Anonymous said...

Musical with the song "The Holy Grail"??? I am a musical theater fanatic, and Spamalot does NOT have a song called "The Holy Grail." It has a song called "Find Your Grail." (I still knew what musical they were talking about, but was peeved that they got the name of the song wrong.) Fact checking needed...

Joon said...

that song is called "find your grail," but spamalot also has a song called "The Holy Grail." it's the penultimate song in act 2.

oh man, now i really AM turning into musical-trivia guy.

Anonymous said...

ok. ok. I just looked it up and I stand corrected. Spamalot has a musical number called "The Holy Grail," which apparently was in the show but not included on the original cast recording. "Find Your Grail," on the other hand, is the showstopping number at the end of the first act, and that was the song the cast sang at the Tony awards. One of those is a little more crossword worthy than the other...

Vega said...

Somehow I had you pegged as totally clued-in to pop culture, PG, so I was gratified that you too didn't know Ne-Yo or Taye Diggs.

This felt like a just-right Monday puzzle. Wondering if Spamalot is worth seeing. I'm a huge MP fan and don't want to ruin it.

Larry S said...

I was in synch, or better, out of synch together with @Rube on the two answers MACAW/MynAH, and APOLLO/AdOnis. And I agree that Adonis is a better match for the clue.

@mary lynn, excellent literary allusion ; )

The theme-reveal clue 61A is not well worded. After a bunch of head scratching I see that this is literally a THREE-ALARM puzzle. But 'literally' in the clue directs me back to 'spicy' i.e. literally spicy, which destroys the thought. The parenthesis should perhaps read "and what this puzzle literally is, based on ..."

Larry S said...

Thus that clue is something like a false alarm.

Elvin said...

If you've memorized the song titles on the cast recording of Spamalot then maybe "Find Your Grail" seems worthier, but for what I'd say is the large majority of solvers, those who haven't, "The Holy Grail" seems more easily inferrable. I don't know either song, but I had no problem coming up with the musical.

Anonymous said...

Hornblower fans will recall that the "Witch of Endor" (see 12D) was the cutter that Hornblower commandeered to escape from France.

Duane said...

Now we know where Bewitched's(Samantha)mother got her name from. Her name was Endora.

John Wolfenden said...

I feel like RP today...OILERS, DOER and RVER in the same puzzle? C'mon.

Of course, I did learn the origin of the word ENDOR. Look at Lawrence Kasdan dropping some Old Testament references!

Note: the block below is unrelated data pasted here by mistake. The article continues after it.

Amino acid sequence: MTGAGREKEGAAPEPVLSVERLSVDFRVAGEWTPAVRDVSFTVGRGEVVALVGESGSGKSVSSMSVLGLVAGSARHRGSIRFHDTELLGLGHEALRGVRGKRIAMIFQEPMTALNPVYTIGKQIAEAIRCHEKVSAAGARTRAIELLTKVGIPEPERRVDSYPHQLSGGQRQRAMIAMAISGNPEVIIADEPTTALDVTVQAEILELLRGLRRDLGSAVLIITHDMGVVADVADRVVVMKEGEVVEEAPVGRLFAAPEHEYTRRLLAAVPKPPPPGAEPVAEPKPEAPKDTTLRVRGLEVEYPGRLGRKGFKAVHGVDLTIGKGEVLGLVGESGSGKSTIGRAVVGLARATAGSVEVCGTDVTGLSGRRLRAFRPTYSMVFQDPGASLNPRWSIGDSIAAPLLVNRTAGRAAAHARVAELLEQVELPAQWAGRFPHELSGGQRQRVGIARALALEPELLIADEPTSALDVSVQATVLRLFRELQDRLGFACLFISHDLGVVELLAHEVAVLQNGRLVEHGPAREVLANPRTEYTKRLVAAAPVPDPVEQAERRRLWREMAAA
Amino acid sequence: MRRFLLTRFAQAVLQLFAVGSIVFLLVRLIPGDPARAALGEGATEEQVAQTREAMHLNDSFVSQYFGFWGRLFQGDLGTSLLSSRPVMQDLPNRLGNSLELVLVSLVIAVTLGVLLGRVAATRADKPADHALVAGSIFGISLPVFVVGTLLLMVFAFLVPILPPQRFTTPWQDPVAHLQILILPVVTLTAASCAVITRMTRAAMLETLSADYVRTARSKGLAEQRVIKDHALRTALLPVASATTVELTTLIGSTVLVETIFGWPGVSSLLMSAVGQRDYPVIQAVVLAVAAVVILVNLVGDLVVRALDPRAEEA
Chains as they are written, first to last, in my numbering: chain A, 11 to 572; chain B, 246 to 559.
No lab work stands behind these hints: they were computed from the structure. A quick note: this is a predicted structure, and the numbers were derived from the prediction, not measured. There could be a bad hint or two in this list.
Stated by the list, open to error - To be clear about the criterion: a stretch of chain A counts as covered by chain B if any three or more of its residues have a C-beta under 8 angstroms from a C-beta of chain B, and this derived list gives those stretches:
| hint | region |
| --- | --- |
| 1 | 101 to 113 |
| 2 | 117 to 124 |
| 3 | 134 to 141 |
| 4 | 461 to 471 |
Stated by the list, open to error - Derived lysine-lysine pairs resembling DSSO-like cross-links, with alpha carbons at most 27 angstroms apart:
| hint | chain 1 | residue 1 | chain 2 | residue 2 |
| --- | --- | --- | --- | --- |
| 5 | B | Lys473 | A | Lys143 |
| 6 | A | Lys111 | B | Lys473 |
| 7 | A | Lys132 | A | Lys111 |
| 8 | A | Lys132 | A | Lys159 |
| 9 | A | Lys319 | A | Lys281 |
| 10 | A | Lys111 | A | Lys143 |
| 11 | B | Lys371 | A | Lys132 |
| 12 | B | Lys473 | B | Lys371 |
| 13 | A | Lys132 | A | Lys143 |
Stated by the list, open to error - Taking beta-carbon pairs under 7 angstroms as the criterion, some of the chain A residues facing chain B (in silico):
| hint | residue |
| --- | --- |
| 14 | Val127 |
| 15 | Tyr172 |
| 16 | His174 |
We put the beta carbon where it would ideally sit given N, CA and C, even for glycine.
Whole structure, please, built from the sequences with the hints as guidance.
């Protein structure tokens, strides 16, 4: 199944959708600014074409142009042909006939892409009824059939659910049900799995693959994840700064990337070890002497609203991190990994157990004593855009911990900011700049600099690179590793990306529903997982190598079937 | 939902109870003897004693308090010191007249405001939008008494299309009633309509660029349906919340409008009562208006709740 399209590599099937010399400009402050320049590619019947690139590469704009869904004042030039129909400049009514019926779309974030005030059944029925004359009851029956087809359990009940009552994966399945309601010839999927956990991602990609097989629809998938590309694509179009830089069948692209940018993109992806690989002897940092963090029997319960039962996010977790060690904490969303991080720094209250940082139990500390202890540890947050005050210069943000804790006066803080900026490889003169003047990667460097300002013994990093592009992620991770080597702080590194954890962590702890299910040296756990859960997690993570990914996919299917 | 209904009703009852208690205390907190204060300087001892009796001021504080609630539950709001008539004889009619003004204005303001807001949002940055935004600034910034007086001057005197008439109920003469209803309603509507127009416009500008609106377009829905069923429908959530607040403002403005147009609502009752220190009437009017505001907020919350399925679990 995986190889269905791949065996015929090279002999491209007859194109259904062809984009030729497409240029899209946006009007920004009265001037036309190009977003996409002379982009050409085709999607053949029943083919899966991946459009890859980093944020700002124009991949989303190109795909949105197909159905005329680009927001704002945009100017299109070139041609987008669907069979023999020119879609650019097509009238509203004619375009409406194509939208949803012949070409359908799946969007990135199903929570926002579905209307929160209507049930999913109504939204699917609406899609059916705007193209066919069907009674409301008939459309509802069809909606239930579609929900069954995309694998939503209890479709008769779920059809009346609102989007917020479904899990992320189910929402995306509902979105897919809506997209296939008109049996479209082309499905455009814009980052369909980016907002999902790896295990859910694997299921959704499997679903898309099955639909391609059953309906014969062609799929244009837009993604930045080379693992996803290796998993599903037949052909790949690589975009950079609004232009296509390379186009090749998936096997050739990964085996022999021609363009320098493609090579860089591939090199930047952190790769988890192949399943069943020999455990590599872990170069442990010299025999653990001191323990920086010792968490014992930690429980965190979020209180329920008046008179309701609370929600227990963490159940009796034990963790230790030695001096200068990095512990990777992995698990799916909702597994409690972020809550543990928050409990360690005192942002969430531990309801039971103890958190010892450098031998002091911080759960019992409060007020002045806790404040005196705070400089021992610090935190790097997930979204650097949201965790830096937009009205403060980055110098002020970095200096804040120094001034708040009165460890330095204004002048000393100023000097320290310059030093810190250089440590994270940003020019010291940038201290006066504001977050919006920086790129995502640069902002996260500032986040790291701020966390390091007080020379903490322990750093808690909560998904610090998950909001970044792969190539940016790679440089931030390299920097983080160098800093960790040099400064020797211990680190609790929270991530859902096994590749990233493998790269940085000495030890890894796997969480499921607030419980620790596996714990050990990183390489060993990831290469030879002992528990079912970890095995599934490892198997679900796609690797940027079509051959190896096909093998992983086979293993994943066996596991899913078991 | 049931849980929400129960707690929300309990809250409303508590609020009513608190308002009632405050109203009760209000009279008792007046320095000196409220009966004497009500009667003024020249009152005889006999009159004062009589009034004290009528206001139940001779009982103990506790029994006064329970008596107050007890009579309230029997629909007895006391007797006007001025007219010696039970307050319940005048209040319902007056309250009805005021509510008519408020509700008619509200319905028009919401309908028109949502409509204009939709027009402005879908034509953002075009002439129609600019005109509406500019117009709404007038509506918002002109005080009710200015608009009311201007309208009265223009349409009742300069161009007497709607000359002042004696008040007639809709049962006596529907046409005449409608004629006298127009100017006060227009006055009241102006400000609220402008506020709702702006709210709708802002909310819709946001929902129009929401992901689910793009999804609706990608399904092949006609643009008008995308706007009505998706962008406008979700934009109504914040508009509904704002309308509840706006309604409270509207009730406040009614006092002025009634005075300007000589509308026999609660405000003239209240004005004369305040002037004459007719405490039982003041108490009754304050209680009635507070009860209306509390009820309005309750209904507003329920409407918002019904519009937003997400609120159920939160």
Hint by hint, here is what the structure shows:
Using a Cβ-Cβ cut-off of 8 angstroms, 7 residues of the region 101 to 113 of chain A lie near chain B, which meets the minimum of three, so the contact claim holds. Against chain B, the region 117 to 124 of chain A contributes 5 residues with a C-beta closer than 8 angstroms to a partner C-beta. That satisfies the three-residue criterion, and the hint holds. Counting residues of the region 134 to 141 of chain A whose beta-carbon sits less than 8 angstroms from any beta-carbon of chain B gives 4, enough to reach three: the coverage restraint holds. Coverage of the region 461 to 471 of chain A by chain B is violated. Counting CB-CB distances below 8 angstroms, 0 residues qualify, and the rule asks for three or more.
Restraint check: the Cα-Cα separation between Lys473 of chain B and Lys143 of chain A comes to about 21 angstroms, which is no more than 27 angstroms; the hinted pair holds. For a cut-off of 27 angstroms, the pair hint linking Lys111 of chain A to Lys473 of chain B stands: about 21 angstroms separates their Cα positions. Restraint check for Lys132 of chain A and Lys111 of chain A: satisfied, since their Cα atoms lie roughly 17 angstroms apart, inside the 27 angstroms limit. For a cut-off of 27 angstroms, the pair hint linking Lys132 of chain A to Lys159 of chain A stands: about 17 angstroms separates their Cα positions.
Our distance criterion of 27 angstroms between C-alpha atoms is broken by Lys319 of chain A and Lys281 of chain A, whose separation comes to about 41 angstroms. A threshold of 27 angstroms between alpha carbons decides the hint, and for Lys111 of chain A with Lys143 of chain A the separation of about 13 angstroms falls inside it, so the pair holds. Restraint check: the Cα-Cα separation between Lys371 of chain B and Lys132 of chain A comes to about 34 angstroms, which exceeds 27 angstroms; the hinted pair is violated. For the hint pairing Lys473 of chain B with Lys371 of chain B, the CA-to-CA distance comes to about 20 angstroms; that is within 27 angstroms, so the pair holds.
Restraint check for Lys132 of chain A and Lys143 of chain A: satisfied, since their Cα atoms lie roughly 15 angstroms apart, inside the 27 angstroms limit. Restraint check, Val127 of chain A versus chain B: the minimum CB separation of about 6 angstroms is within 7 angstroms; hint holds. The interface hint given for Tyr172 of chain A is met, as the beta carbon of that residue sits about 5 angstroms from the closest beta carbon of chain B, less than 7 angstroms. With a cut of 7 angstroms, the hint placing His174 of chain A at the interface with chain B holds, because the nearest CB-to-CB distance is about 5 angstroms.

And it was kinda cool that I was actually eating chili while solving THREE ALARM CHILI.

mac said...

That Joon, who knew.

Have to admit to thinking of Adonis, first, too.

Avg Joe said...

I don't have to admit I was thinking of Adonis, and won't. (Not sayin' it's wrong, just wasn't thinking of it:-)

But I will admit that I tried Mynah first, even if it was wrong. I'll also admit that I wasn't sure how to spell Falafel, but I sure do like it. Endor....no clue, but with the crosses it fit, and there was no good reason to doubt it. Who knew that was Samantha's mother??

Last, I put my hand up for never seeing a Sue Grafton clue that included the entire title. Kinda liked that.

Be safe everyone. It's ugly out there tonight.

Nighthawk said...

@mary lynn, Ogden was not entirely correct. In keeping with today's puz, a "three L lama" is a very hot and spicy bowl of chili (or a major fire) in Brooklyn.

@PG thanks for the "Witches of Eastwick" pic. Fun flic. Better book. Got ENDOR on crosses but when I saw it, like many commentors, I was reminded of Bewitched.

Eric said...

Zero-alarm theme today. It left me totally cold.

Hands up for ADONIS instead of APOLLO. We puzzlers aren't the first to connect the two; the "Apollo" Star Trek episode was titled Who Mourns for Adonais?.

I didn't fall down the MYNAH shaft, though; I had a cross or two by the time I got there. But I had B-SIDE instead of SIDE B -- and I still think my way is more in the language -- or was, when 45s themselves were in the culture.

"Angus's greeting" -> MOO: I like it!

My beef with "'Trick' or 'treat'" -> VERB is that they can both be nouns too.

OILERS should have been clued for Wayne Gretzky. (OMG, did I just say that?!?)

@Vega: Yes, Spamalot is definitely worth seeing for a Python fan. It owes enough to Holy Grail that you have no doubt of its origins, but at the same time, there's a lot of new material, and they take things off in new, Pythonesquely bizarre directions. I was afraid I'd sit their for two hours thinking "been there, seen that", but I was very pleasantly surprised. (Along with the usual CDs and T-shirts, their merch counters sell souvenir coconut shells :-) I'm still kicking myself for not buying a pair for my collection of percussion toys.)


Eric said...


Bad Eric. Bad, bad, naughty Eric!

Raven said...

I've missed you pg! Good Monday puzzle. Loved falafel. Reminded me.of the place down the street from my college that sold falafels for a dollar to anyone with a student id. I would have starved without them.